.       When was the loss identified? – this helps us determine how big of an area we need to look for affected material and the type of damage. If the answer is unknown given that the homeowner was not in the house when it happened, or on vacation, this will be a bigger undertaking since we would need to know when was the last time that the homeowner was in the house and assume that it happened right after that. A home has a lot of materials that absorb or repel water, any organic material will absorb water (i.e., wood, drywall, some flooring, cabinets, baseboards, doors, insulation), and other material will repel more water (i.e., tile, concrete, glass, metal, stone). This means that if a loss happened for a longer period of time, water had a higher chance of travelling and affecting more materials, hence making the drying process longer since there is a higher amount of water in the affected materials. If there is less porous, non-organic material, that means the water loss will affect a bigger area since water will keep flowing and affecting more spaces in the home. In this day and age of home renovation, having open floor plans, lead to more areas being affected given that there is no material to direct the water or hold the water “in place”. Also having open plans means that the science of drying an open area, will require more equipment or creating a smaller room to reduce the amount of equipment needed. This understanding of the affected area and moisture map will help us with the science of understanding the rooms affected, the amount of moisture in the area and the amount of drying equipment needed.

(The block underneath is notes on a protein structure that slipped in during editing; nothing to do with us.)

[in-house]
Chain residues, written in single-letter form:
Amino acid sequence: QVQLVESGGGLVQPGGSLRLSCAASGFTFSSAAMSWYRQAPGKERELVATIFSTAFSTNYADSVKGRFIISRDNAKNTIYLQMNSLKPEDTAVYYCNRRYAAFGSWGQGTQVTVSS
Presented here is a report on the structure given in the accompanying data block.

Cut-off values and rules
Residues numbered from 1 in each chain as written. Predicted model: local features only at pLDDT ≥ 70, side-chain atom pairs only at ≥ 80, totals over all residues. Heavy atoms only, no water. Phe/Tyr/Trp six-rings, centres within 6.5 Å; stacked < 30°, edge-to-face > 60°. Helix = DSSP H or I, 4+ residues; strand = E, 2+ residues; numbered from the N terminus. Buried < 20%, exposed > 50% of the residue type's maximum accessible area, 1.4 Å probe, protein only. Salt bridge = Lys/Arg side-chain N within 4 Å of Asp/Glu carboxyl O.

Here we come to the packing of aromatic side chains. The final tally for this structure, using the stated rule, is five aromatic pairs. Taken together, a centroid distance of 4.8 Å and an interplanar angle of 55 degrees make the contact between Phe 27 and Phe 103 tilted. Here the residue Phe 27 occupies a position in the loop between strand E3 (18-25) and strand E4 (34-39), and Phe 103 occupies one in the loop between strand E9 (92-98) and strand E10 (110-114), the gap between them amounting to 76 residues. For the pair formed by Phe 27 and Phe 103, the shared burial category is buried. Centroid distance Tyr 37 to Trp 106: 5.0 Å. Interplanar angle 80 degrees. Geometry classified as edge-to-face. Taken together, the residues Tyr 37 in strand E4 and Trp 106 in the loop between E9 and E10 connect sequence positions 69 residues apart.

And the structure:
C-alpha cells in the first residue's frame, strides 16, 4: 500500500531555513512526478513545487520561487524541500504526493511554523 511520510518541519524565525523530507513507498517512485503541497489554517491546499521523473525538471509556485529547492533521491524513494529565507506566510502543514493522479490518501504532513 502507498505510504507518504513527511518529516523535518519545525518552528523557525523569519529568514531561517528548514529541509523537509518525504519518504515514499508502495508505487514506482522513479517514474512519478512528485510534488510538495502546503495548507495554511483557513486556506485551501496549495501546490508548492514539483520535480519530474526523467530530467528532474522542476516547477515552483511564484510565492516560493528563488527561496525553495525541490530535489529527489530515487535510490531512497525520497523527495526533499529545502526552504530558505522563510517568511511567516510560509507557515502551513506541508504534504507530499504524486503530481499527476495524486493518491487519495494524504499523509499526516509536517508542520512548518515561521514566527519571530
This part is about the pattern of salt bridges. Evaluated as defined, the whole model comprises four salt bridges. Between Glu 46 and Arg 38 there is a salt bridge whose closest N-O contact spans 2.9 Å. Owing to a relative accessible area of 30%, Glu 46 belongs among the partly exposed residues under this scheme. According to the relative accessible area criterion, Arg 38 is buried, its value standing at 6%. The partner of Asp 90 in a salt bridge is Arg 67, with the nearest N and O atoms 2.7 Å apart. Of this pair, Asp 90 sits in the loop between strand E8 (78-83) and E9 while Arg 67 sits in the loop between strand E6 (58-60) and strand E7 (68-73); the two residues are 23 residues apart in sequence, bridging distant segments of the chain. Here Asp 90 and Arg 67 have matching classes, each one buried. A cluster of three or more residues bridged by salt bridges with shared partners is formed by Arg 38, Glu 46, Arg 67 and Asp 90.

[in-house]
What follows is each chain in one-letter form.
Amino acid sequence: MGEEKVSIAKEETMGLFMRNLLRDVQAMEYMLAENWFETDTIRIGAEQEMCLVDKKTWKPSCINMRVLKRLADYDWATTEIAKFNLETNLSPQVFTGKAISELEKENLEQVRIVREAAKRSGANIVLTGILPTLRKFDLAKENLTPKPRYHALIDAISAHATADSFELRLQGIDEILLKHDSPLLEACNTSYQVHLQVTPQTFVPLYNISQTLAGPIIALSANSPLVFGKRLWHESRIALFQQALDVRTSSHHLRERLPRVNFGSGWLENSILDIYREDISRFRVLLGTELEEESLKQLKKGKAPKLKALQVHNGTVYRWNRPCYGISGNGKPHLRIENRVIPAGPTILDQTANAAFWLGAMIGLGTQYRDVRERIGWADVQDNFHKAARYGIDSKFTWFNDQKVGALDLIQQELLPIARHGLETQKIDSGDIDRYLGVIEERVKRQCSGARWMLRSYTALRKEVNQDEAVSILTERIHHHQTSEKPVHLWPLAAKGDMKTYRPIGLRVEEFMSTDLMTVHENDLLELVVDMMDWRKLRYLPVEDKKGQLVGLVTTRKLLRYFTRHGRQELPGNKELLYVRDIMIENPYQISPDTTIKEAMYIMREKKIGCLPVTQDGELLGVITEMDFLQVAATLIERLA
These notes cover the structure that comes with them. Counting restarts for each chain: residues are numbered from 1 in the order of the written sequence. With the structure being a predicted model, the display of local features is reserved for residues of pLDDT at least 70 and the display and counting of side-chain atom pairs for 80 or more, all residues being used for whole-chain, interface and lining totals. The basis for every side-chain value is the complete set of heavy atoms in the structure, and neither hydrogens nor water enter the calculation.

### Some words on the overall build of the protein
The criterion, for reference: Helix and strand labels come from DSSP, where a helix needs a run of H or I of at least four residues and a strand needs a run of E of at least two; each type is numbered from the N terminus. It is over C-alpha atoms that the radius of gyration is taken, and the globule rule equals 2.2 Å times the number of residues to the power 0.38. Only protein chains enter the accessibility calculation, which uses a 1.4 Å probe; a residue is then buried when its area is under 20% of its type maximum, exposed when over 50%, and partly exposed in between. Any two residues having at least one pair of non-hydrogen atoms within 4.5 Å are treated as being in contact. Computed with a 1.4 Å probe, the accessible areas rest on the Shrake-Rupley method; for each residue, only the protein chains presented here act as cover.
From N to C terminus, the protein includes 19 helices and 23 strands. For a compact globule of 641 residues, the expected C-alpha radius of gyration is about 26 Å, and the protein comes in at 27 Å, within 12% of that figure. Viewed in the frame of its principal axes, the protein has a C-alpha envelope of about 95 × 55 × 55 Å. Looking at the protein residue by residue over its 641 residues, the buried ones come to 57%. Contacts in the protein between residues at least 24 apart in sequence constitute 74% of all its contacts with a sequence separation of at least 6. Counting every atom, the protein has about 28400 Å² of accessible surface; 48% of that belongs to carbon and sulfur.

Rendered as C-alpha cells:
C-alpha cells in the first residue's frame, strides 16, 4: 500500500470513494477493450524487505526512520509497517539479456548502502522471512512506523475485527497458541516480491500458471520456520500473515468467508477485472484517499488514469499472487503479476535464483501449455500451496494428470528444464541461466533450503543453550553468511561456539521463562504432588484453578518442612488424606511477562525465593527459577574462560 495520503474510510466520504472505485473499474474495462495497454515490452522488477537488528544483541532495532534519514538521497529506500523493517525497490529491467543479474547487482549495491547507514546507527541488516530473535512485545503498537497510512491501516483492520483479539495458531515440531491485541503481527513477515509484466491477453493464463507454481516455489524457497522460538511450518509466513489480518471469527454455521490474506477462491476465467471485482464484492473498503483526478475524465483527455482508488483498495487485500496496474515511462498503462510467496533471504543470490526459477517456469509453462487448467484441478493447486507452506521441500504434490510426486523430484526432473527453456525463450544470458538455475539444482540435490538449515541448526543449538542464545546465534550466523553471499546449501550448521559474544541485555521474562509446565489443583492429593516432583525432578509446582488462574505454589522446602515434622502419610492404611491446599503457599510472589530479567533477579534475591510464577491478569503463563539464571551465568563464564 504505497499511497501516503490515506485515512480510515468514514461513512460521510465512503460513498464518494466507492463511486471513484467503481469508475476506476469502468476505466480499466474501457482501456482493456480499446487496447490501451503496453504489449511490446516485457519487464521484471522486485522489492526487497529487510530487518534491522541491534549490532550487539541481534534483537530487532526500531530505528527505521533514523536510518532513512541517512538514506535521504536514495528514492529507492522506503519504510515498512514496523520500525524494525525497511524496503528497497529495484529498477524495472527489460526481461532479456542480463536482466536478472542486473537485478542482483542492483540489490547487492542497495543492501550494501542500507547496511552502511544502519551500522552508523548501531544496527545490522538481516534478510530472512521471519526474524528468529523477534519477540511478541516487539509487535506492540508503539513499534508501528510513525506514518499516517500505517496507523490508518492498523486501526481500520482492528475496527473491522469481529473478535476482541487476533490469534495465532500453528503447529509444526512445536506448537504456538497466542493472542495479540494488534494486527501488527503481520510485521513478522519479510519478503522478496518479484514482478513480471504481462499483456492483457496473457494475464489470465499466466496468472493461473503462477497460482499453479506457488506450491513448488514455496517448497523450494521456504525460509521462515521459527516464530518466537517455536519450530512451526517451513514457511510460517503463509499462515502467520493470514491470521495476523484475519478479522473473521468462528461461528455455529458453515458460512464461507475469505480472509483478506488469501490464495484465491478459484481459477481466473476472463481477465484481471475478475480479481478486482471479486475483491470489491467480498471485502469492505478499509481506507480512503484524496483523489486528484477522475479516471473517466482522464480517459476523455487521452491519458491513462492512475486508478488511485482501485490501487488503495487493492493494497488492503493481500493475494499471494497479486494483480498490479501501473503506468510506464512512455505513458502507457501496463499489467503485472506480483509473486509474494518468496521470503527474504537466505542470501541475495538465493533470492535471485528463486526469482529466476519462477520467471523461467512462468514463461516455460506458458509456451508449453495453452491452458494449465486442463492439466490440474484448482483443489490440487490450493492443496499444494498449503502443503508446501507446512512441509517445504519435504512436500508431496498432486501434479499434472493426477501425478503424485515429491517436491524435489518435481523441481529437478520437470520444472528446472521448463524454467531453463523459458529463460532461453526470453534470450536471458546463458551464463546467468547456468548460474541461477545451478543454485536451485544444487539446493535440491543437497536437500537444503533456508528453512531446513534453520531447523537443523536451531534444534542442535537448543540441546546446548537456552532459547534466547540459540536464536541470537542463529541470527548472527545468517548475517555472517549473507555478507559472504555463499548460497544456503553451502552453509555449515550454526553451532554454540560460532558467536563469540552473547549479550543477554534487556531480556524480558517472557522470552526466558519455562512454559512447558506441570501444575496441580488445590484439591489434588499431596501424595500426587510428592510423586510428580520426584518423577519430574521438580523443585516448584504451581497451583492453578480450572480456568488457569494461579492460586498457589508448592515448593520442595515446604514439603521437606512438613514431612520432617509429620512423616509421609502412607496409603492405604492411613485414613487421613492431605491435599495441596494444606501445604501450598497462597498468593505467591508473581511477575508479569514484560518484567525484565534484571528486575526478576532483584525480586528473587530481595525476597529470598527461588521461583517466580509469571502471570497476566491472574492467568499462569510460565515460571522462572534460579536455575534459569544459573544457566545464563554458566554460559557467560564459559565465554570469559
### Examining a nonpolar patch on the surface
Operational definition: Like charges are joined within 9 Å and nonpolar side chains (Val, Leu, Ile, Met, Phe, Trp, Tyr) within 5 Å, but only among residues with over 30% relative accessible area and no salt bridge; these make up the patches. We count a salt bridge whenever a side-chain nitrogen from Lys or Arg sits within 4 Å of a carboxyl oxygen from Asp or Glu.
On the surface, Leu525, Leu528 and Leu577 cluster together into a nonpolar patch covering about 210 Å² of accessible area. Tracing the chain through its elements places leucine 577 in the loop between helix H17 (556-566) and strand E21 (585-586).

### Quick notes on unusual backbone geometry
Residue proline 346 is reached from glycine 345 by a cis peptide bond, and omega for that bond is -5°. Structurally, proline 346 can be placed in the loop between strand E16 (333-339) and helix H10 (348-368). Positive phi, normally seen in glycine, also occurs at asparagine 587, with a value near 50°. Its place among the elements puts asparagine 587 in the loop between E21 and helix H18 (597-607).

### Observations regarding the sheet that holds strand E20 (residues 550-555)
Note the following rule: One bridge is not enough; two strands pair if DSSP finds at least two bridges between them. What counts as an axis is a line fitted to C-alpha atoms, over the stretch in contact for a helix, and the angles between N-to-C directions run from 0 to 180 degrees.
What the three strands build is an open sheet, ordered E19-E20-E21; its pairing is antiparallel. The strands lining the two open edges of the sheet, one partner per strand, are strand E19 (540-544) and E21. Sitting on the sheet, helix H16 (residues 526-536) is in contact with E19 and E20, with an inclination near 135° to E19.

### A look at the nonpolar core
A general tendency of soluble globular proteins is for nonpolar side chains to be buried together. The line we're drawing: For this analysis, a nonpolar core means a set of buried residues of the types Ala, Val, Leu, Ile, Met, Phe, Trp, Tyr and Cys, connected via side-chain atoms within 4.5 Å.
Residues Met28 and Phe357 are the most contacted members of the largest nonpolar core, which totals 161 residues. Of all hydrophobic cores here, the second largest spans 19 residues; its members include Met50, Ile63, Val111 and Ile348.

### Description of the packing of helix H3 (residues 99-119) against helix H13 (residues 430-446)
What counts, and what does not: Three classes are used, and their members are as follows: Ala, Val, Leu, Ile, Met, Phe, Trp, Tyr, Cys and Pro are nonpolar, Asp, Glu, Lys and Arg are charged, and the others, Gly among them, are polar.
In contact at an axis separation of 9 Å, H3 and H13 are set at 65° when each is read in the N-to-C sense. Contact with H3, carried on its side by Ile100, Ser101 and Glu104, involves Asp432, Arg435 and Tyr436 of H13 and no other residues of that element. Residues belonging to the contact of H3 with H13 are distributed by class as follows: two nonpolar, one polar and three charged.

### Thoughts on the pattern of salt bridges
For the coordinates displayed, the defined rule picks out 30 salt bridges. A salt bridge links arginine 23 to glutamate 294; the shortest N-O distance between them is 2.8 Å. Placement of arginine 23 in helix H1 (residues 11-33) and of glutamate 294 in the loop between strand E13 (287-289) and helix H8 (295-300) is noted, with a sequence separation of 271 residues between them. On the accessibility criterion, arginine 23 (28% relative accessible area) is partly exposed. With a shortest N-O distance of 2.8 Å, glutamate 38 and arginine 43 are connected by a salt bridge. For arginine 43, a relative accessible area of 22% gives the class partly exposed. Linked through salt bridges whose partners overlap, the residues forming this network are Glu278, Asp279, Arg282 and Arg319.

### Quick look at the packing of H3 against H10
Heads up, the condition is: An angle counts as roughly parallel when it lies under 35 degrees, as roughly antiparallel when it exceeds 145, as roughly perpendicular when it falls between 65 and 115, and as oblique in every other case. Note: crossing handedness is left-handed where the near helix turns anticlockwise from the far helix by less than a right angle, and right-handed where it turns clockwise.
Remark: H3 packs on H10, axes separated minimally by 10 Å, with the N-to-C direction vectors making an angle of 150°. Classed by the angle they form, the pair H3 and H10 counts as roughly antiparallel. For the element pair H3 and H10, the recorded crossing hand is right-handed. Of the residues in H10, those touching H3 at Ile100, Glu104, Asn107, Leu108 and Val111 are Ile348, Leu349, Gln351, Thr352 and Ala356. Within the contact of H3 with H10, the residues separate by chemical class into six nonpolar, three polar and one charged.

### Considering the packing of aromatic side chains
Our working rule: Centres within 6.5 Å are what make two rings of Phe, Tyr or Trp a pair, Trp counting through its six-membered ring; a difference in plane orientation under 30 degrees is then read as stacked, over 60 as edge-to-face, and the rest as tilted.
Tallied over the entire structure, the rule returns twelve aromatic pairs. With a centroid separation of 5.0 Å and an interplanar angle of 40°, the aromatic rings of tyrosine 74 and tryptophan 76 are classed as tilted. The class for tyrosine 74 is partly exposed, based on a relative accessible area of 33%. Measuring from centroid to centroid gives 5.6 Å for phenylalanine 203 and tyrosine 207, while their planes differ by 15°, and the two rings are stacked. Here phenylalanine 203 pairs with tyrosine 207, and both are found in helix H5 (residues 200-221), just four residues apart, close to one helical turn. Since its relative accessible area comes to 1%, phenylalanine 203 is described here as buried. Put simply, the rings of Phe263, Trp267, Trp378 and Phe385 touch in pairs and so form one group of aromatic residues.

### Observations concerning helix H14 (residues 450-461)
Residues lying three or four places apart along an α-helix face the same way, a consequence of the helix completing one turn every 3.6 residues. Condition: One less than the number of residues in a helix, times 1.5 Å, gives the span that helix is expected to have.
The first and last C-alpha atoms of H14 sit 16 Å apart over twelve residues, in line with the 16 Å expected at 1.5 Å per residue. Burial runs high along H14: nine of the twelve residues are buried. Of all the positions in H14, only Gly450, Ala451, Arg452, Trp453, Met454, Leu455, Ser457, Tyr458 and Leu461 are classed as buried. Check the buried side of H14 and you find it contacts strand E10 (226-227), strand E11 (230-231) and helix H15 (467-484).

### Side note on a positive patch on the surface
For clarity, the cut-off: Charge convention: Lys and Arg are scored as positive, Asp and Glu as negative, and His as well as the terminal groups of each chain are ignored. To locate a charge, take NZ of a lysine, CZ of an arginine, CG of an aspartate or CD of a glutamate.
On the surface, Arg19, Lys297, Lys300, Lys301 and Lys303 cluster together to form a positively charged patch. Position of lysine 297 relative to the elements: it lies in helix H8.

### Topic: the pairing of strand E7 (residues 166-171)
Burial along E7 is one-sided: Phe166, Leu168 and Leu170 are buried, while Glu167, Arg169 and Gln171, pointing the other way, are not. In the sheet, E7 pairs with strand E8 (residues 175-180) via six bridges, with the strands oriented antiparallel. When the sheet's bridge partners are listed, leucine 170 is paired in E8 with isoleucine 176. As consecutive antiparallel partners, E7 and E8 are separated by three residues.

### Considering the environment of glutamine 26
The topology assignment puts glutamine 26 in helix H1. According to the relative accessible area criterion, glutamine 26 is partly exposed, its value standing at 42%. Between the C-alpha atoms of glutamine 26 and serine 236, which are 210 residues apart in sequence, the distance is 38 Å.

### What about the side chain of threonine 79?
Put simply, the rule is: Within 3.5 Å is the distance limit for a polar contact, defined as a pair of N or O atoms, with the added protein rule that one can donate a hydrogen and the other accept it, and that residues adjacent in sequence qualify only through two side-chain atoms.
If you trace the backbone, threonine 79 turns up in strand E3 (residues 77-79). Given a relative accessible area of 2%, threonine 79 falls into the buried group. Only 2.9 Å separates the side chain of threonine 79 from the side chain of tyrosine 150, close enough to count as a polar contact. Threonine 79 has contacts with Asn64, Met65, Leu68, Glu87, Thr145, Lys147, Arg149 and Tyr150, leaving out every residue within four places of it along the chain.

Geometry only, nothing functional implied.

By answering all these three questions, what could be seen as a simple job could turn into a more complicated, and longer job due to the nature of the loss, the type of loss, the affected area and materials, and the need for addressing the structure, drying and treating of the structure.